Anne Blakeney first learned of the New Opportunity School for Women in the late 1980s. She says she was “awestruck” by the difference the program could make in a woman’s life.
Anne grew up in Morristown, Tennessee. Her early career took her to Louisiana and then North Carolina. After she came to Eastern Kentucky University in 1984 to teach occupational therapy, she began attending events at Berea College and reconnecting with her Appalachian heritage.
She heard about Jane Stephenson and the program she had started for Appalachian women. “It seemed that with such a few small efforts—when you consider the whole scheme of challenges women face—it could make a huge difference and change somebody’s whole life,” Anne says.
When she designed a class on providing health services in Eastern Kentucky, focused on the structures that lead to poverty and a lack of services, Anne invited Jane Stephenson to speak about the challenges under-resourced women in the mountains face.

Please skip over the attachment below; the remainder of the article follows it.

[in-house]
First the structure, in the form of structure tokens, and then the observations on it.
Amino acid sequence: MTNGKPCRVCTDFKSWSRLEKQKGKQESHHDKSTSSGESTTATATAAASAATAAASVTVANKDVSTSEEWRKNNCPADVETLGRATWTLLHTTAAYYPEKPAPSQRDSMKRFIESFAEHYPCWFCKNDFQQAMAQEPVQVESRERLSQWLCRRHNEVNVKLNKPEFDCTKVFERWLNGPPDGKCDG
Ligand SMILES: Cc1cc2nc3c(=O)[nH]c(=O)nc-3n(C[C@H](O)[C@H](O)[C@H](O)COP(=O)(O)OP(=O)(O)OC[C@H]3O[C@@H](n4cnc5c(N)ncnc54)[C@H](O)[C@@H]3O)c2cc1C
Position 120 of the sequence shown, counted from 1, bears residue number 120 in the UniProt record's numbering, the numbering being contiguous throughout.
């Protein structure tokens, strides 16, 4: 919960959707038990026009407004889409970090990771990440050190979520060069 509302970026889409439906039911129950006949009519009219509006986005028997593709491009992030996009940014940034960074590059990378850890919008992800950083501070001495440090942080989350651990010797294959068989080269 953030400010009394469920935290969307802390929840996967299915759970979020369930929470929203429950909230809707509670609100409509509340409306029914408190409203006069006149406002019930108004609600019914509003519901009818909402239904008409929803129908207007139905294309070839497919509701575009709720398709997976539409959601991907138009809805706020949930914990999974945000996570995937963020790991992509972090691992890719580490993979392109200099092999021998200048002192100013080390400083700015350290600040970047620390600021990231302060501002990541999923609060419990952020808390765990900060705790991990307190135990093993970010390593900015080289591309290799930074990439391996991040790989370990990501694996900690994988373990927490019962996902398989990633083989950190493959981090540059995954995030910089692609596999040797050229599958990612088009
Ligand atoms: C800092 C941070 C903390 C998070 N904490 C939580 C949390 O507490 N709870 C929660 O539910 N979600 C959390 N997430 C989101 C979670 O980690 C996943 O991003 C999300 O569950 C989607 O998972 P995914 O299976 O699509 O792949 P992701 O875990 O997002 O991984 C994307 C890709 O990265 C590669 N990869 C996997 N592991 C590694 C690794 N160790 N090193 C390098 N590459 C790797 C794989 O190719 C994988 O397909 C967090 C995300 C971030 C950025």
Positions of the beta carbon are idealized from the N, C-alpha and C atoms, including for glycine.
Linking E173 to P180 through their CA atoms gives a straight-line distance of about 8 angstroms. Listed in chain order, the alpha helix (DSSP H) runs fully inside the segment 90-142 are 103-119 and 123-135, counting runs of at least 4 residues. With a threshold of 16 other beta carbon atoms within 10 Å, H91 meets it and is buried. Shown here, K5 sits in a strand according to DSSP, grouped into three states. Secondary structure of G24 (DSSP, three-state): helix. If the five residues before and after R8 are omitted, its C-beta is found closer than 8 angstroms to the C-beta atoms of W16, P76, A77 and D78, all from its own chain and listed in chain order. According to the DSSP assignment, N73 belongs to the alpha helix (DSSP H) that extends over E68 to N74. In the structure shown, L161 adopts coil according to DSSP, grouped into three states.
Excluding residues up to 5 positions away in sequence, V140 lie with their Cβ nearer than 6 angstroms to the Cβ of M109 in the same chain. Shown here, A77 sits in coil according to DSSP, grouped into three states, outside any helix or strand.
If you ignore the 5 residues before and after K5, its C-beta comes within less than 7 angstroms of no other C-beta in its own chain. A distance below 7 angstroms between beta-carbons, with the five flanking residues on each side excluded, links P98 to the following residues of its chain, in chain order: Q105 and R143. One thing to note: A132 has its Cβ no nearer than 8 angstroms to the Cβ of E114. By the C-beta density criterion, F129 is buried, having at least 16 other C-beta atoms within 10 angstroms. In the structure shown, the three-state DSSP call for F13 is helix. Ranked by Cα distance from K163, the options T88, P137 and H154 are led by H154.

Anne continued to follow the work of NOSW and made donations over the years. When she retired from EKU after 27 years of teaching, she wanted to get more involved. She signed up as a monthly Sustainer in 2021. “When I thought about it, I felt like I was able to, and I wanted to use my money to make a difference,” she says.
Earlier this year Anne invited NOSW staff to speak at her local Rotary Club, and now she’s working on a grant to help the school purchase computers. She hopes to get even more involved with NOSW as a volunteer.